Roughly two week ago, a Twitter user with fewer than 1,700 followers began publishing screen grabs of anti-gay posts from a defunct blog once written by Joy Reid, who hosts a weekend morning show on a cable news network. Like the vast majority of Americans, I’d never watched the show AM Joy on MSNBC—I do not typically enjoy cable-news channels, or for that matter, the morning.
But despite having zero interest in what the host wrote years ago; or whether she was hacked, as she claimed, or lying, or deluding herself; or whether her show would stay on or be suspended or get cancelled, I couldn’t escape the story.
I tried, reader.
No matter how it turned out, I could see no greater purpose that it would serve, no insight it would clarify, no ill it would vanquish, no good it would advance. So I ignored two staff articles and two wire stories in the New York Times, at least 8 items in the Washington Post, multiple CNN stories, at least 5 Fox News items, a Tucker Carlson segment, two USA Today stories, two items in New York, three at The Daily Beast, multiple items at Breitbart, a Rush Limbaugh segment, an article here in The Atlantic, coverage in numerous other outlets, and several futilities1 of social-media debates.
Then, 12 days in, national news stories were still being published! Defeated, I decided to probe the why of it all. Was any larger purpose served by all the coverage? If not, is there an identifiable way in which the press should change its approach?
On reading the coverage, I gleaned insights from a few stories. I grant that few were indefensible. And I understand how structural features of the news ecosystem fueled the story. For example, coverage by one news outlet spawns coverage by others that don’t want to get beat; once any outlet covers a story, it is more likely to publish more stories, in part to update its audience on new information; and while commentators have a responsibility to direct people to what is important, part of the job is also conceding that one often cannot control what’s in the news, or what folks seize upon and cause to trend on social-media sites—but that even too-popular stories can offer opportunities to make tangential points of importance that readers will be unusually primed to ponder.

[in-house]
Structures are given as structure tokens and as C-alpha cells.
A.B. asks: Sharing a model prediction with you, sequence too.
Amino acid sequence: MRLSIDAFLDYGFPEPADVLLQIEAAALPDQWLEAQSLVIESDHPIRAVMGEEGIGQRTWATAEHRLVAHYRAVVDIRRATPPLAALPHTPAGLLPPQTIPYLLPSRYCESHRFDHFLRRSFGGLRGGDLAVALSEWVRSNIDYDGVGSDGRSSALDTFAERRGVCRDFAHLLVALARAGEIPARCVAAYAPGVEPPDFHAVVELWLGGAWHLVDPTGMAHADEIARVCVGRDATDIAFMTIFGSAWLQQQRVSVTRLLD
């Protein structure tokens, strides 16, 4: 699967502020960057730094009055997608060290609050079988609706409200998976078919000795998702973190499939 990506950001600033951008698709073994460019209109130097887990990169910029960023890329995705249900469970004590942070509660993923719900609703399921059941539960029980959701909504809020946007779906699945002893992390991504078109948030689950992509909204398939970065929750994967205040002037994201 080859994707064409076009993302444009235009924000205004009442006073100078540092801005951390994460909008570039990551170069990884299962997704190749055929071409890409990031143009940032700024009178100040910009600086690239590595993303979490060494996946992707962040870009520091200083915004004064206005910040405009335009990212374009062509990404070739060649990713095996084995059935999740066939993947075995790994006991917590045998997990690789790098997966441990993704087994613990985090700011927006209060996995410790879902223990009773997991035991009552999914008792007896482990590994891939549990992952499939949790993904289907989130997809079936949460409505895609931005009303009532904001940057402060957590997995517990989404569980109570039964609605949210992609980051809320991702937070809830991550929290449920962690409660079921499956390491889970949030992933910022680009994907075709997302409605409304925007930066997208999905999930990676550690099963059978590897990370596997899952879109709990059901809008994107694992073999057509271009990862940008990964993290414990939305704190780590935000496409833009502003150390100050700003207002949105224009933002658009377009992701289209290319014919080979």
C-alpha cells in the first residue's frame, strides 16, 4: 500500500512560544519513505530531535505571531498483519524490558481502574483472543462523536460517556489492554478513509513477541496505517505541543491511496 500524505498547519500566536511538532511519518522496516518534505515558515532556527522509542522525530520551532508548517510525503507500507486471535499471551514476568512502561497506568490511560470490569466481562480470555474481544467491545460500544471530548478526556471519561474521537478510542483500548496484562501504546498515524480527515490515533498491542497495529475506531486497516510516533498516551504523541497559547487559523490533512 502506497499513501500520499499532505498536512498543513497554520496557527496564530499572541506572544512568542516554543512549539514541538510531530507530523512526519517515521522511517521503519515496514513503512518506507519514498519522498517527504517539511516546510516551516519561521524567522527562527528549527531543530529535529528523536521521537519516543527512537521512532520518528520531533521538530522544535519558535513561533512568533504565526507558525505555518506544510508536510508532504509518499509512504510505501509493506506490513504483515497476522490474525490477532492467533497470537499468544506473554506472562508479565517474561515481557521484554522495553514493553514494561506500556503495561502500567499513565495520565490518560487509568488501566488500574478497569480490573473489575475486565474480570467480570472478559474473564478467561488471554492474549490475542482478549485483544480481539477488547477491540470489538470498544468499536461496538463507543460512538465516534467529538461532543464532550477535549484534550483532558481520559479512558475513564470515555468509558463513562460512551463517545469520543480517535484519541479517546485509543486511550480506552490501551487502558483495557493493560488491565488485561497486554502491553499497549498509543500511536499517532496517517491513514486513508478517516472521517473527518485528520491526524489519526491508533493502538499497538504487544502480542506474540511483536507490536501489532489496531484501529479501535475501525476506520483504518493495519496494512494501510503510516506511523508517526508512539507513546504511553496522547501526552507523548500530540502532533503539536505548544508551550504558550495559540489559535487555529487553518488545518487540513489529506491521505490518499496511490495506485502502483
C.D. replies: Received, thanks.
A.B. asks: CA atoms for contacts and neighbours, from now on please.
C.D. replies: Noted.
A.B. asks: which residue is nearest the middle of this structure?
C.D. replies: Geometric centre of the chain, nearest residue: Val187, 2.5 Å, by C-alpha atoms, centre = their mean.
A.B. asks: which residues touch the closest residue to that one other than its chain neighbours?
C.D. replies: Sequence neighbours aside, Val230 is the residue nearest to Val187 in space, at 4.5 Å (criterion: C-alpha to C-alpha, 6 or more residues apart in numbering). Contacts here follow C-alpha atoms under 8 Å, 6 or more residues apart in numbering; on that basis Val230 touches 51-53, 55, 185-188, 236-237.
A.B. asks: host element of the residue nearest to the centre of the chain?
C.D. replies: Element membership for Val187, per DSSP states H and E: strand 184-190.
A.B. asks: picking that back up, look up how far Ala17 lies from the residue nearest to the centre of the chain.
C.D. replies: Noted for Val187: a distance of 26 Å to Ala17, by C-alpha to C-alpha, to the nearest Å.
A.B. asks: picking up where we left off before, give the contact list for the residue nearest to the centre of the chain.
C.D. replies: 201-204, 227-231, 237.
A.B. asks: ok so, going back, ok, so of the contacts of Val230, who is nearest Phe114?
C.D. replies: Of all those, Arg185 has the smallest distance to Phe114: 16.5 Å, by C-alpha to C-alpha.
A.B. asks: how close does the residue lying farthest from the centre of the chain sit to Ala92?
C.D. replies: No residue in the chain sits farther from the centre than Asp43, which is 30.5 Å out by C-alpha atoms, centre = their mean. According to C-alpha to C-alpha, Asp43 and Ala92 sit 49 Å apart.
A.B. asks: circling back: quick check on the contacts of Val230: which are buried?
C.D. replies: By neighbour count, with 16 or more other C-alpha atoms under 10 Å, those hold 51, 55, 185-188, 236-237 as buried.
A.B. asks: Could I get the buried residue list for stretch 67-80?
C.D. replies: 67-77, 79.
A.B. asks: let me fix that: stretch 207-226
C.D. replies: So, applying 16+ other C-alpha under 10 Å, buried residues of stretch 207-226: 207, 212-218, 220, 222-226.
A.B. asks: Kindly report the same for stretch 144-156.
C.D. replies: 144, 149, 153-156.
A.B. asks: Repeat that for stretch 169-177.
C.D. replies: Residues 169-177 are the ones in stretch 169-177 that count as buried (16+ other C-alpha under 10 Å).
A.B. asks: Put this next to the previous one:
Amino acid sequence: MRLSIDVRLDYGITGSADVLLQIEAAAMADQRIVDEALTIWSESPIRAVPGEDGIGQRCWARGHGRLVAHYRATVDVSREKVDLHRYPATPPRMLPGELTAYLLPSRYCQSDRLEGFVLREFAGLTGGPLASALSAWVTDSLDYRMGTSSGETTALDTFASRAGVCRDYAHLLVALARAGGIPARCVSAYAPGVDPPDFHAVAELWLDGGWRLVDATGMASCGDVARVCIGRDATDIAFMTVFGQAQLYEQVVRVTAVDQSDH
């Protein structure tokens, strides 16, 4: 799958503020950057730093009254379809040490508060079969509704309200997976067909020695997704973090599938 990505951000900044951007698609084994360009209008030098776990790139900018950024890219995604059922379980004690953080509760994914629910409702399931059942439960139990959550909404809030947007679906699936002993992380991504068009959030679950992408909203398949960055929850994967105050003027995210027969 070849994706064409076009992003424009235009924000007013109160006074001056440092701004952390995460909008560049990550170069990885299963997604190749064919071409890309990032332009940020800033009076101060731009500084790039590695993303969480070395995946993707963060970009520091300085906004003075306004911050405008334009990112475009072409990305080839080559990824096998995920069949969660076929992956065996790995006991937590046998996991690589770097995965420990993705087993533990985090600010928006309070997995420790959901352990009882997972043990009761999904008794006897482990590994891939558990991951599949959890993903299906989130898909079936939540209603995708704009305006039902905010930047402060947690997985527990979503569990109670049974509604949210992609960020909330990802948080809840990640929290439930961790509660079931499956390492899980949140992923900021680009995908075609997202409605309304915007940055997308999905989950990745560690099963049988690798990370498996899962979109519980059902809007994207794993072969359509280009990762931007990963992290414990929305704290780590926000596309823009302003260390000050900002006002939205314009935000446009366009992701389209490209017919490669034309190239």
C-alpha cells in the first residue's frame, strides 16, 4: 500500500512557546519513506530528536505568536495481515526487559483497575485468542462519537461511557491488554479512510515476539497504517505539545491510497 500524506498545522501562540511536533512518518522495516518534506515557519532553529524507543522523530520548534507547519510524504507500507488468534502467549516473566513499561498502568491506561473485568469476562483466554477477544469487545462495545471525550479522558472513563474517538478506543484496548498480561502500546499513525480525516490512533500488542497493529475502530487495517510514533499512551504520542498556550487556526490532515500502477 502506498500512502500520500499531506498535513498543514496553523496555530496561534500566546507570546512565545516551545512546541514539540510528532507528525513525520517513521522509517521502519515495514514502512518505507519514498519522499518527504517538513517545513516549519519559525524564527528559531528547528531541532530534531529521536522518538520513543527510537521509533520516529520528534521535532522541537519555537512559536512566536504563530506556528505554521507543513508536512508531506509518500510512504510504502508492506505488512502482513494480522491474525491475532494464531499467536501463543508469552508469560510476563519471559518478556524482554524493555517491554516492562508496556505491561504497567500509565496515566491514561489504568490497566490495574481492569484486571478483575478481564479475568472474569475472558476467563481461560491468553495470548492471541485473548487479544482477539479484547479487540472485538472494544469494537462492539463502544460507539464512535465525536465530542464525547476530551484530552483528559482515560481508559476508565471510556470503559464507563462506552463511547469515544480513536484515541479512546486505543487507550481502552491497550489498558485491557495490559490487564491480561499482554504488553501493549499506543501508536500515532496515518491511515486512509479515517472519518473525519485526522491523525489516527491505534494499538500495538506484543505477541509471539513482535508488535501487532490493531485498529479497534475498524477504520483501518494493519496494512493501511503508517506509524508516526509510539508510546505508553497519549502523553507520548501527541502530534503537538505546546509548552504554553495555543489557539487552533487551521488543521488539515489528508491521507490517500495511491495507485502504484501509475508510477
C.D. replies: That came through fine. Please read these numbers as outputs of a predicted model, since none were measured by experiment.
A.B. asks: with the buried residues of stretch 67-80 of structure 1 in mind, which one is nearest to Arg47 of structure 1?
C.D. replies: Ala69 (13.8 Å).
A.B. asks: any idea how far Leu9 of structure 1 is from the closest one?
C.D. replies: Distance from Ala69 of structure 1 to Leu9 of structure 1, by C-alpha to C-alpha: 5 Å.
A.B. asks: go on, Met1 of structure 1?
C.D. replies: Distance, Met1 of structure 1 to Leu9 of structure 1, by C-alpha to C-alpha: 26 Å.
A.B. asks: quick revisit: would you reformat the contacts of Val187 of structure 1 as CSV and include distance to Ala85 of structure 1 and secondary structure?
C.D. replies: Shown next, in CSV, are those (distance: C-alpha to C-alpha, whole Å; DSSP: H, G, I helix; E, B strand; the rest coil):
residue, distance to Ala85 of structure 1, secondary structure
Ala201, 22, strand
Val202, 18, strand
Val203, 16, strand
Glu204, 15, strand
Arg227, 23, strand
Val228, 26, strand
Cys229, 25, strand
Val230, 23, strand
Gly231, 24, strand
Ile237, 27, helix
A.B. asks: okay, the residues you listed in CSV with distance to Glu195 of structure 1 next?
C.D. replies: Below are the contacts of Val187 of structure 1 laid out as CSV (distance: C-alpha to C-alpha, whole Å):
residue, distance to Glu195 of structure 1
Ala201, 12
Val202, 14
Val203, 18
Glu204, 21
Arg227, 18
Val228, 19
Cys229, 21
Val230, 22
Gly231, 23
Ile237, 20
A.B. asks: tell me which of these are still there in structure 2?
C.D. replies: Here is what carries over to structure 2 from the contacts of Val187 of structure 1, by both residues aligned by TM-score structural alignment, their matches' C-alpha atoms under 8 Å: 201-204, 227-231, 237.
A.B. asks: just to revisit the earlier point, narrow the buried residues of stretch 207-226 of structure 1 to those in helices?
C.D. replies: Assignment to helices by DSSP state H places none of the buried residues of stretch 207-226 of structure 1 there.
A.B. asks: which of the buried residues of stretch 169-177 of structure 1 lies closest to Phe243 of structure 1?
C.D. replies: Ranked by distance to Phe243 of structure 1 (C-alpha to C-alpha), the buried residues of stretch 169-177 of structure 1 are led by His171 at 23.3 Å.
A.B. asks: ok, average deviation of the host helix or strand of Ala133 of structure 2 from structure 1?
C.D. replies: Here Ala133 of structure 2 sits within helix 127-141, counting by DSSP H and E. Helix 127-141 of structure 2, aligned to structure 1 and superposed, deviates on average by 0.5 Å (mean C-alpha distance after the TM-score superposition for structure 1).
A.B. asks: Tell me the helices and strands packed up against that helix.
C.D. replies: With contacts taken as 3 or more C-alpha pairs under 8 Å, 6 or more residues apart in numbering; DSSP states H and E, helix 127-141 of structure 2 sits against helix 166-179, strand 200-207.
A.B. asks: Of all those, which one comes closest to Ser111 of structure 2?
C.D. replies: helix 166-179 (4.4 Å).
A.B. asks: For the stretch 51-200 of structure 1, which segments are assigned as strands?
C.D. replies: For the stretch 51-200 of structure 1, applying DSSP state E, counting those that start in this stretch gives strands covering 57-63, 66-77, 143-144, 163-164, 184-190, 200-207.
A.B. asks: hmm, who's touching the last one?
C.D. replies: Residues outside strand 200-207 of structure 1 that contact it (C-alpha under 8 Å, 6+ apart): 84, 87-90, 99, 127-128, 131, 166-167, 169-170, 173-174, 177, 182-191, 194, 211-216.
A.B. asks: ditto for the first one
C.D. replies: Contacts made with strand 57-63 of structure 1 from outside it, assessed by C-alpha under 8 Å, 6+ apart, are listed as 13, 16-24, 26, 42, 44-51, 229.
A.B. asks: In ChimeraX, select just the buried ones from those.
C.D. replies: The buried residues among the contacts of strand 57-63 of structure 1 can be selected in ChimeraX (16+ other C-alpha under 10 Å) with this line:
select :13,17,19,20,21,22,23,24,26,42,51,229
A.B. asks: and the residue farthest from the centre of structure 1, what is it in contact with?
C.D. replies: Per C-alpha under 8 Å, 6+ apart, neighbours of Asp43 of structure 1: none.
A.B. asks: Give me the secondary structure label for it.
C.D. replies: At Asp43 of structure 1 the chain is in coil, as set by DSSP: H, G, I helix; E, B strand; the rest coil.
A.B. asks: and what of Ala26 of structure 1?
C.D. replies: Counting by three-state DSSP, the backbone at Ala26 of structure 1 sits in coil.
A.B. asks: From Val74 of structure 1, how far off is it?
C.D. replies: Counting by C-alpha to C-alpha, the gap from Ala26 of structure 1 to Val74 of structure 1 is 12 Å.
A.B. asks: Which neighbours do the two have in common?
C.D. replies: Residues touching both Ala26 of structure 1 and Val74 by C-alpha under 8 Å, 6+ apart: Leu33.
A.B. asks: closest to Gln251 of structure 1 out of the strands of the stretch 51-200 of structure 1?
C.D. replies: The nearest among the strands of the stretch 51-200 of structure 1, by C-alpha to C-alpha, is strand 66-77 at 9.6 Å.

So it isn’t that I find fault with all the journalists who published on Joy Reid.
What’s more, I share many of the underlying concerns that sparked some of the coverage. I oppose homophobic stereotypes. I agree people should not claim hackers are responsible for their words and that public dishonesty is a transgression in journalism. I think there is a role for journalists to hold member of their own profession accountable. And I agree with those who insist that if a conservative were in Reid’s place, there would be furious calls on the left for her termination. (I am a consistent critic of such calls regardless of which tribe is involved.)
But even grasping many of the factors that fueled coverage and sympathizing with folks who reacted to some of them does not change my overall assessment.
Coverage decisions are judgment calls.
And in my judgment, the scarce time, attention, and resources spent on this matter far exceeded anything that could be plausibly justified as serving the public interest. Neither gays nor lesbians nor the trans community is better off for the exercise of resurfacing of old, forgotten blog posts that even their author now disavows. Probing the dubious hacking story got the public closer to the truth—but a relatively useless truth that is neither pertinent to any of Reid’s actual journalism nor civically useful to the public nor likely to advance the overall cause of greater journalistic honesty or accuracy in any future way that I can see.
Most damning of all are the opportunity costs.
A cable morning-show host’s old blog posts, and her explanations of those posts, no matter how dubious, were just not among the most consequential or important LGBT stories, or media stories, or ideological-bias stories of the last fortnight, let alone the most important national or business or general-interest stories.